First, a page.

In all likelihood, this provision has not been draw up with established HEIs in mind. Instead, it might reflect BIS’s own unease at the potential for foul-play or fraud with the extent of the relaxation of market-entry. The government has been here before giving public money to a register of private education providers in order to free up a market. That was the Individual Learning Accounts fiasco from 1996-2001, where over £97 million was siphoned off by bogus training providers who exploited low market-entry barriers. There is also fear that a repeat might happen in the upcoming delivery of the apprenticeship levy.
Does this thus suggest that BIS are hedging their bets? Nonetheless, the dramatic language of entry and search will raise some jitters.
The just-released Impact Assessment from BIS makes for curious reading, especially in the forecasted growth of HE providers.
Firstly, despite the introduction of provisions for ‘market exit’, BIS anticipate that none of the established HEIs will exit the market between now and 2027-28. Secondly, despite the very same department currently leading a scheme of ‘area reviews’ of Further Education Colleges (FECs), with the stated objective of reducing the number of FE providers through mergers, the forecast contains no reduction in the number of FEC HE providers. Government forecasts, it seems, should be taken with a healthy degree of scepticism. Who knew?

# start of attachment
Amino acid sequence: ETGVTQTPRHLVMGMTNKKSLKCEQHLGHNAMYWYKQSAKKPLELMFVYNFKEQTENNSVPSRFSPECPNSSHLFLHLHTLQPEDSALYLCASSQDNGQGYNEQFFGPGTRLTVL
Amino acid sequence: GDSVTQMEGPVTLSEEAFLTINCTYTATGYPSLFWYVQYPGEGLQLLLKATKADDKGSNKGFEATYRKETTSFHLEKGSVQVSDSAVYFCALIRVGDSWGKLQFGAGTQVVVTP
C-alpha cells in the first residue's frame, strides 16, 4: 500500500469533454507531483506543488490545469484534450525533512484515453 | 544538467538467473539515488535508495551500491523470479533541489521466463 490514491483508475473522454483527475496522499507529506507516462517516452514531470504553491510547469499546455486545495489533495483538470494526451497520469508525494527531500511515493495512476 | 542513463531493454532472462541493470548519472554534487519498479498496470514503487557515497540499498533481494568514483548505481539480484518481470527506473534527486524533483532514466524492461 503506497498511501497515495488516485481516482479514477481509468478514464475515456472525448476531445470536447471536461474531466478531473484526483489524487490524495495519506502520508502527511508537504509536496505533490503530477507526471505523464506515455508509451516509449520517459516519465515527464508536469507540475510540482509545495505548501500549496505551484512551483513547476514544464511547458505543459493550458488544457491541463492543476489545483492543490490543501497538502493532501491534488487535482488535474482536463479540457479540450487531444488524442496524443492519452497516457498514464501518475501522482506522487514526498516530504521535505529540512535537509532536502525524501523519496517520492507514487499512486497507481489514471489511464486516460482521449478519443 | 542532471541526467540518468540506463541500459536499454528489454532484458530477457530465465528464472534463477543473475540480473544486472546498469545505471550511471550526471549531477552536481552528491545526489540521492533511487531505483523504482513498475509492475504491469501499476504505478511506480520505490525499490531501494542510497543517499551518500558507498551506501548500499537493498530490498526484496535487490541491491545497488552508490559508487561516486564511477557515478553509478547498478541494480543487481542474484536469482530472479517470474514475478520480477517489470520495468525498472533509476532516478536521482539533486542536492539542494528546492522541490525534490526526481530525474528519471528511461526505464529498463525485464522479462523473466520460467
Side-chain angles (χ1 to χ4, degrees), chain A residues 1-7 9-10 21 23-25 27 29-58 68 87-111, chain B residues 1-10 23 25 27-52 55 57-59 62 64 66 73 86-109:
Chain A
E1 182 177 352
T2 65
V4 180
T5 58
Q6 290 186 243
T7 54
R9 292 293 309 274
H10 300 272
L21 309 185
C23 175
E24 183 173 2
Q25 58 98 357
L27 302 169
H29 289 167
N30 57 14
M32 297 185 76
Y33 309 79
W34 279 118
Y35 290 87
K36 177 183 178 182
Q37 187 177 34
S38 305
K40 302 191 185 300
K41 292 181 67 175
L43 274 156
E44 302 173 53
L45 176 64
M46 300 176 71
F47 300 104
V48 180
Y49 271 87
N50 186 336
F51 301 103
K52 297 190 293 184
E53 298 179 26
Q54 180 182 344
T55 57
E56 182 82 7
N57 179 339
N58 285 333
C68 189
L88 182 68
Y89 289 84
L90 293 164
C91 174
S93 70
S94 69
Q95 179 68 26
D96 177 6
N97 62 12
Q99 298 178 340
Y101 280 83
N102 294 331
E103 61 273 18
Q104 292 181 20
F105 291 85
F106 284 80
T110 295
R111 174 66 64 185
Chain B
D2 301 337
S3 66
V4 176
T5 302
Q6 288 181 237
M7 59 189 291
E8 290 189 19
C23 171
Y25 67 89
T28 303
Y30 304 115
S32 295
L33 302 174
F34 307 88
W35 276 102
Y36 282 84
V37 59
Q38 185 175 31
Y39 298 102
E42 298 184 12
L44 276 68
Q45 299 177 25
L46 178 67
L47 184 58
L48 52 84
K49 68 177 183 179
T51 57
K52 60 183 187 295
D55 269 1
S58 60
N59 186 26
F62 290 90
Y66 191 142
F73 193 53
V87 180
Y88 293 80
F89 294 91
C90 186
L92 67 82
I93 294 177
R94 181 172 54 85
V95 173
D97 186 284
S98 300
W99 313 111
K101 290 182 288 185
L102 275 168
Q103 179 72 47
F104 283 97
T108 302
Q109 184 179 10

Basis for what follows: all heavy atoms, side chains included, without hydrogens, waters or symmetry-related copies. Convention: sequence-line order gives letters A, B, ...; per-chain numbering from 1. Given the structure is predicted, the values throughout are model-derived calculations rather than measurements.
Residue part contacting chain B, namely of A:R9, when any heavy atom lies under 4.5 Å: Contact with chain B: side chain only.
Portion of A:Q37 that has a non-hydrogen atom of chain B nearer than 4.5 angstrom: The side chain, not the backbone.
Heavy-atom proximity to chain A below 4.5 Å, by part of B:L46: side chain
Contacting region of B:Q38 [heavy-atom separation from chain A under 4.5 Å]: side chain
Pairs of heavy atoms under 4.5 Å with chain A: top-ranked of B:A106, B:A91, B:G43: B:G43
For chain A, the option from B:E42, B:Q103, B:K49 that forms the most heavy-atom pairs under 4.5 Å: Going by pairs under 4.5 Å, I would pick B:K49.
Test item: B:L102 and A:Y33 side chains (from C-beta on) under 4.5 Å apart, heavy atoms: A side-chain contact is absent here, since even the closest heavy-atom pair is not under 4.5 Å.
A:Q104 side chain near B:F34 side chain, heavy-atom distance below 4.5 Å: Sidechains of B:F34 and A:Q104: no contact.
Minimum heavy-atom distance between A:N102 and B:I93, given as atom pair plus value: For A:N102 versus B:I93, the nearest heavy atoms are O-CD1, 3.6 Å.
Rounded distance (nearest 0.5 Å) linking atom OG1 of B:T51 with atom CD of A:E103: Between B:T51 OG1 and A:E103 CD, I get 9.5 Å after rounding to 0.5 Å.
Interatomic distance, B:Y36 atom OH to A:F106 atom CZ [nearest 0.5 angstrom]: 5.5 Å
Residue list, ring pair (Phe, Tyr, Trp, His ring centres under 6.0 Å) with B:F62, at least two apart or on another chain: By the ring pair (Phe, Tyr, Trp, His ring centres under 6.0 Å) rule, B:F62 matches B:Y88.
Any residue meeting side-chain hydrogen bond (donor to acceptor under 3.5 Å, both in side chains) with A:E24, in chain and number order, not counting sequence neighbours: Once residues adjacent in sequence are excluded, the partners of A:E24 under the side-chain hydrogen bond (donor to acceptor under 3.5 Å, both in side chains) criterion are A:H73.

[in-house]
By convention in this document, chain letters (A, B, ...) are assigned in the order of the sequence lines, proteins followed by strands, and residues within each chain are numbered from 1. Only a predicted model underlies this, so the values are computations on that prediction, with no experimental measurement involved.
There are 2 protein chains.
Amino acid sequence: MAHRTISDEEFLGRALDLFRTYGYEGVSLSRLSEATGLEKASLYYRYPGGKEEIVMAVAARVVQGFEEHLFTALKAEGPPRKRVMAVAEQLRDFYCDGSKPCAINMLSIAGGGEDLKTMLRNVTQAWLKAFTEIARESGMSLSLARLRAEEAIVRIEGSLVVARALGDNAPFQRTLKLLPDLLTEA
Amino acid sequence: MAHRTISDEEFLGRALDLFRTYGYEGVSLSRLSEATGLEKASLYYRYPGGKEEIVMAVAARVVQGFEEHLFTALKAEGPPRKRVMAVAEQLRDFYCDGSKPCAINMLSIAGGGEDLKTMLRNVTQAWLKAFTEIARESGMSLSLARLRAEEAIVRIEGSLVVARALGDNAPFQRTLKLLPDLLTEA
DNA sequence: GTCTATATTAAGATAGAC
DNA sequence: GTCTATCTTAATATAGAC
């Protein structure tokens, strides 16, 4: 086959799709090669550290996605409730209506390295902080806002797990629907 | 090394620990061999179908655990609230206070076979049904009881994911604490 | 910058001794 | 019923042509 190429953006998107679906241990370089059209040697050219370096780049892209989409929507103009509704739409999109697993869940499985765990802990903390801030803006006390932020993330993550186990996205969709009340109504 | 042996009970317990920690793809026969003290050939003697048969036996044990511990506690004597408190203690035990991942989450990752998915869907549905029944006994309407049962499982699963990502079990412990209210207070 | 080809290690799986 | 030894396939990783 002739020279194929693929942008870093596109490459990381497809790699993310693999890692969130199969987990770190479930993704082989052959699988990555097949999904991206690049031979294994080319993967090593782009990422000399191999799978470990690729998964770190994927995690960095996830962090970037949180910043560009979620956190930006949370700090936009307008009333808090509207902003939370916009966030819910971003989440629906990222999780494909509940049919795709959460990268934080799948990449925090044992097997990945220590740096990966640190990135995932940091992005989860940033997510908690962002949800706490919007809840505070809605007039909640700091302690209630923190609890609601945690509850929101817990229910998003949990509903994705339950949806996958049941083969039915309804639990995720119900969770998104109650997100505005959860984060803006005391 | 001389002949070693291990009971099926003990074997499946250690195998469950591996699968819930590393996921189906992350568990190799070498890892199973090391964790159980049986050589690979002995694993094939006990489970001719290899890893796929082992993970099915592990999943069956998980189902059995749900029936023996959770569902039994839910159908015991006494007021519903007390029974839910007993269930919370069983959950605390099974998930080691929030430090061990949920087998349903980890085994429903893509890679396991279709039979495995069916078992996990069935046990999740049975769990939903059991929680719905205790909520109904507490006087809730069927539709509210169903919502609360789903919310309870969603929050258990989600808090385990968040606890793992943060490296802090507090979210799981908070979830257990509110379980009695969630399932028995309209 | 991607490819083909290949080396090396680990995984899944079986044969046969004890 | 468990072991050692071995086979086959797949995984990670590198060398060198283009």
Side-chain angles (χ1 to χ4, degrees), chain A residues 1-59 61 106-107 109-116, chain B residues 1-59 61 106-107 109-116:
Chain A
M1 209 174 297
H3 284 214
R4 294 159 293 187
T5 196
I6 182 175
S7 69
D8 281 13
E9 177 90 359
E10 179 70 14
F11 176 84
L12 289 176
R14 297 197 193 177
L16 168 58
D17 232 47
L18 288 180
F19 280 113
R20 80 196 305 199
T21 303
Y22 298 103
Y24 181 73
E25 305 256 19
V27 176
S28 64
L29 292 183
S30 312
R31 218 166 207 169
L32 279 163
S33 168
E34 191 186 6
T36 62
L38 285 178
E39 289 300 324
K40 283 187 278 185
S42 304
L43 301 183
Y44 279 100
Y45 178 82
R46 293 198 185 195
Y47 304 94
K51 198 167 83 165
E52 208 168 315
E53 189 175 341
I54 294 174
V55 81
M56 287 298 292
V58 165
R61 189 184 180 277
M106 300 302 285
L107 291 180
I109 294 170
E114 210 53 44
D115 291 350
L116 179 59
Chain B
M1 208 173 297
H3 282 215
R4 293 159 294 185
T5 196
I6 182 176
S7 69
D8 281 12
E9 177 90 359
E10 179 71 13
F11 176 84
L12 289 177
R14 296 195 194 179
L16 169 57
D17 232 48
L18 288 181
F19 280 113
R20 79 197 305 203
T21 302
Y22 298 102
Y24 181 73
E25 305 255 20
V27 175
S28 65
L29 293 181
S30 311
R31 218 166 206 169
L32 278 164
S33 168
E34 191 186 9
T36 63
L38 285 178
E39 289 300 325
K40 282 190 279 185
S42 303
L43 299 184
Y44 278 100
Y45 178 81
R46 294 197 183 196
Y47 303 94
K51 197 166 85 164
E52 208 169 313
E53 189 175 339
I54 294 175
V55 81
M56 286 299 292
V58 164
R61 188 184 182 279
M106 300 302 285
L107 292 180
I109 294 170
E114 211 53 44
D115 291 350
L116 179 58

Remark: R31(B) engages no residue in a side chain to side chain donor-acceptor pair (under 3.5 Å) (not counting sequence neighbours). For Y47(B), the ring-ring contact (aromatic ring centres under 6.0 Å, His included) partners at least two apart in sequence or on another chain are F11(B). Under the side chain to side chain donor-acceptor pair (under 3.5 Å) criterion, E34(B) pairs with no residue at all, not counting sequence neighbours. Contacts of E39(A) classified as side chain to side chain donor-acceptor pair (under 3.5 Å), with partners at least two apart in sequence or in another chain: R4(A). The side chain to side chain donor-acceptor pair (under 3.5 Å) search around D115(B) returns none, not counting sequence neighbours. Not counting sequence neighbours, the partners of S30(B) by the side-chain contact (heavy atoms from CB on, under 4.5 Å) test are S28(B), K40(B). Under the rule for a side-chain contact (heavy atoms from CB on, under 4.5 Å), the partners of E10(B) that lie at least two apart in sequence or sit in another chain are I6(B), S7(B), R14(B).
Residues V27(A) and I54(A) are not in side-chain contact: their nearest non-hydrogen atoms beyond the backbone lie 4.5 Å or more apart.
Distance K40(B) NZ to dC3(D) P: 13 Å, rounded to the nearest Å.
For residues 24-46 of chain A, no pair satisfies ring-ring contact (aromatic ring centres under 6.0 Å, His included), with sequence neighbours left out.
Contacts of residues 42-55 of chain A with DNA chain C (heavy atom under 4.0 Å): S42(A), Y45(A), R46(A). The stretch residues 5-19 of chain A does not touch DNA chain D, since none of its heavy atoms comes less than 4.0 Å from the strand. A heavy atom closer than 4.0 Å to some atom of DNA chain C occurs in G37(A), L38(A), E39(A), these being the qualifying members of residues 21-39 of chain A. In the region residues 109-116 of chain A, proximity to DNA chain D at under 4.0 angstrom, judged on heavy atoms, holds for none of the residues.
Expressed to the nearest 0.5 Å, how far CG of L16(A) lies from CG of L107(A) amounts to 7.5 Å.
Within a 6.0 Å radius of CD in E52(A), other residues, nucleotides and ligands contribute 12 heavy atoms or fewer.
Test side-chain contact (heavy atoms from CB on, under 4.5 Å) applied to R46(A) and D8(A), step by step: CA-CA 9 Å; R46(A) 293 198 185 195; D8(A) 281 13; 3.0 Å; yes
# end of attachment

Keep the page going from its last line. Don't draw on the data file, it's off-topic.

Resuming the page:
Wonkhe understands that these breakdowns will help lead us to the mysterious ‘£1 billion of extra funding per year’ for the sector mentioned in the White Paper, but we’re still trying to make sense of it. We will provide an update as soon as we crack it.
The Bill outlines the scope of guidance that the Secretary of State may be able to give the OfS. Many of these caveats will no doubt be a relief to many in the sector, some of whom were worried that such protections of the sector’s autonomy would not be explicitly stated in this new Bill. But elsewhere, OfS is given lots of other powers that are likely to prove controversial…
Alongside the Bill itself, the government has published explanatory notes relating to the Bill and is a useful starting point if you are looking to navigate this big new piece of legislation. Read it here.